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favor of the Institute, pointed out that its director, Sylvester Petro, a
tenured professor, would continue to teach. Supporters of the Insti-
tute charged that Scales, a political liberal, was guilty of ideological
bias and simply disapproved of what he perceived as Petro’s anti-
labor perspective. Petro himself called the Trustee decision “the act
of mean, frivolous and irresponsible persons.” “I do not believe,” he
said, “any excuse can be found for such conduct.”
The stage was set for what proved to be an irreconcilable con-
flict between President Scales and Law Dean “Bud” Bowman, who
supported Professor Petro and WILPA. In January Scales, in an
interview reported to have lasted three hours, asked Bowman to
resign as dean, though continuing as a faculty member, and Bow-
man refused, saying to the Student Bar Association that he was
“not going down without a fight.” 367 of the 450 students in the
law school thereupon submitted a petition declaring their “unqual-
ified support” for Bowman, and Robert Morey, a
law alumnus from Greenville, announced the
formation of a group called Concerned Alumni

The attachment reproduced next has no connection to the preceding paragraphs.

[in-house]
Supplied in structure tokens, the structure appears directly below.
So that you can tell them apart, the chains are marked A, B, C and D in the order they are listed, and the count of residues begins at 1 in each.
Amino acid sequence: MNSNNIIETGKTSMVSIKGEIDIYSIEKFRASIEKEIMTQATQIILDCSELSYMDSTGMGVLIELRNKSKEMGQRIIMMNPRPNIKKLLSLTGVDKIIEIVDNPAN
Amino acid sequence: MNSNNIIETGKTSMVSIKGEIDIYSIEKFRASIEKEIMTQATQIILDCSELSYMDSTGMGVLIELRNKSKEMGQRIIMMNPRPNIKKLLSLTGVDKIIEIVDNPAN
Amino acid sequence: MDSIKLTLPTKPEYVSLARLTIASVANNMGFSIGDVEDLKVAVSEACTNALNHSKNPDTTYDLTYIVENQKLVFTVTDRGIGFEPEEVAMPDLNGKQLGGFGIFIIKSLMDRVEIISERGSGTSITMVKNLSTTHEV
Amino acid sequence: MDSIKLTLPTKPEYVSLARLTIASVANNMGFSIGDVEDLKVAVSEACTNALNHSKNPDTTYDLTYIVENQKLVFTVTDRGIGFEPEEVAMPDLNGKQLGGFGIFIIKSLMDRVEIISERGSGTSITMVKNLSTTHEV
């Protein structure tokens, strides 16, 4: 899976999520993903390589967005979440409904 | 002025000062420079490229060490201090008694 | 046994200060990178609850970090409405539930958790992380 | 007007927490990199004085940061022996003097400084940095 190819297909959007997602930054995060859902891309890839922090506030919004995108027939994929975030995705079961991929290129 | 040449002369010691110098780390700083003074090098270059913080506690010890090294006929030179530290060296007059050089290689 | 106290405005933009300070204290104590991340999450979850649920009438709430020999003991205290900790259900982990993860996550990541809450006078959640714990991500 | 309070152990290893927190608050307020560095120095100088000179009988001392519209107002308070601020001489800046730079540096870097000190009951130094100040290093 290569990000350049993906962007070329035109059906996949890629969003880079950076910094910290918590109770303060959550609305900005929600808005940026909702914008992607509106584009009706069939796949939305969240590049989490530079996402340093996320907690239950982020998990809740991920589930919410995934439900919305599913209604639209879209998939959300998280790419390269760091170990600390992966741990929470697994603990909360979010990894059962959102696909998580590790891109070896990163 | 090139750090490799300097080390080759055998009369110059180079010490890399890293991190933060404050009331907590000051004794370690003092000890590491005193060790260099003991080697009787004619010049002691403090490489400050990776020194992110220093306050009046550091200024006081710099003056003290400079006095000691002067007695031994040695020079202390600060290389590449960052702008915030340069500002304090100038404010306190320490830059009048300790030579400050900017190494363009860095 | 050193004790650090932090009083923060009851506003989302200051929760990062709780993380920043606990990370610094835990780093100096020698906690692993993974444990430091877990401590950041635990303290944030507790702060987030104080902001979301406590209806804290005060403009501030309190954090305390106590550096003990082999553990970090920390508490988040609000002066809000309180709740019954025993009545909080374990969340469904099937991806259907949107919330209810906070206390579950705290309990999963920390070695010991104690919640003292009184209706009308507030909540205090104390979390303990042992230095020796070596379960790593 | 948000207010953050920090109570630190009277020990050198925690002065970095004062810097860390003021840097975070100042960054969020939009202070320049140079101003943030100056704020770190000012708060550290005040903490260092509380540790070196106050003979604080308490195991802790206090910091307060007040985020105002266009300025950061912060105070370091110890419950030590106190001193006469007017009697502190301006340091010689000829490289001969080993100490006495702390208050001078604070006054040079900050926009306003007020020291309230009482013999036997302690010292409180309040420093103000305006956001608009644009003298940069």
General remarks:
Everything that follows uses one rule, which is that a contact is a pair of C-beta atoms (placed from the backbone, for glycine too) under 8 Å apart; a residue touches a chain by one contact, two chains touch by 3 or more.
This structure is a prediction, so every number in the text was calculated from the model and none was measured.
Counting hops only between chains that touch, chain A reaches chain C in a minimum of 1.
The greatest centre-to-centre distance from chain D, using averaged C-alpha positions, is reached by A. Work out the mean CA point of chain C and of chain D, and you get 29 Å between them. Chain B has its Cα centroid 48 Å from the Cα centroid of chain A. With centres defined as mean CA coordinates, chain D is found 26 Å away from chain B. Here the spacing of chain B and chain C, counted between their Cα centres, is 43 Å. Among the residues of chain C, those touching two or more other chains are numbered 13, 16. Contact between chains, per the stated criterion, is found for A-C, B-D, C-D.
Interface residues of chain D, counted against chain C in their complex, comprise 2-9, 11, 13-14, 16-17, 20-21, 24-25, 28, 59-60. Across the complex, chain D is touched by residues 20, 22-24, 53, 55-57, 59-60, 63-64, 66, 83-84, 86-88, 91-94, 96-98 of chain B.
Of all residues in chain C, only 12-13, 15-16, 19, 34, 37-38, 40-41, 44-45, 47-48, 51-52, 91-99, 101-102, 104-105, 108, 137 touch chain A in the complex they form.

for Academic Freedom which almost at once at-
tracted fifty members to its cause. A Trustee
committee under the chairmanship of Lonnie
Williams was appointed to study the troubled
relationship between the law school and the cen-
tral administration, and just before the end of
the spring term they were able to reach an agree-
ment which provided for Bowman to take a
year’s leave to be a visiting professor at the Uni-
versity of Virginia. Petro decided to submit his
resignation from the law faculty, to become effec-
tive July 1, the same day on which WILPA would
cease to exist. Professor of Law Leon H. Corbett Jr., an alumnus of
both the College and the School of Law, and Assistant Dean since
1970, was appointed Acting Dean for the 1978-1979 academic year.
Because of the intense and sometime angry public discussion
of the role played by President Scales during the debate over WIL-
PA and because his integrity had been called into question, other
key members of the administration found it advisable to issue a
statement in his support: “It is our belief that President Scales does
not evaluate people or programs on the basis of ideology. Rather,
Leon Corbett
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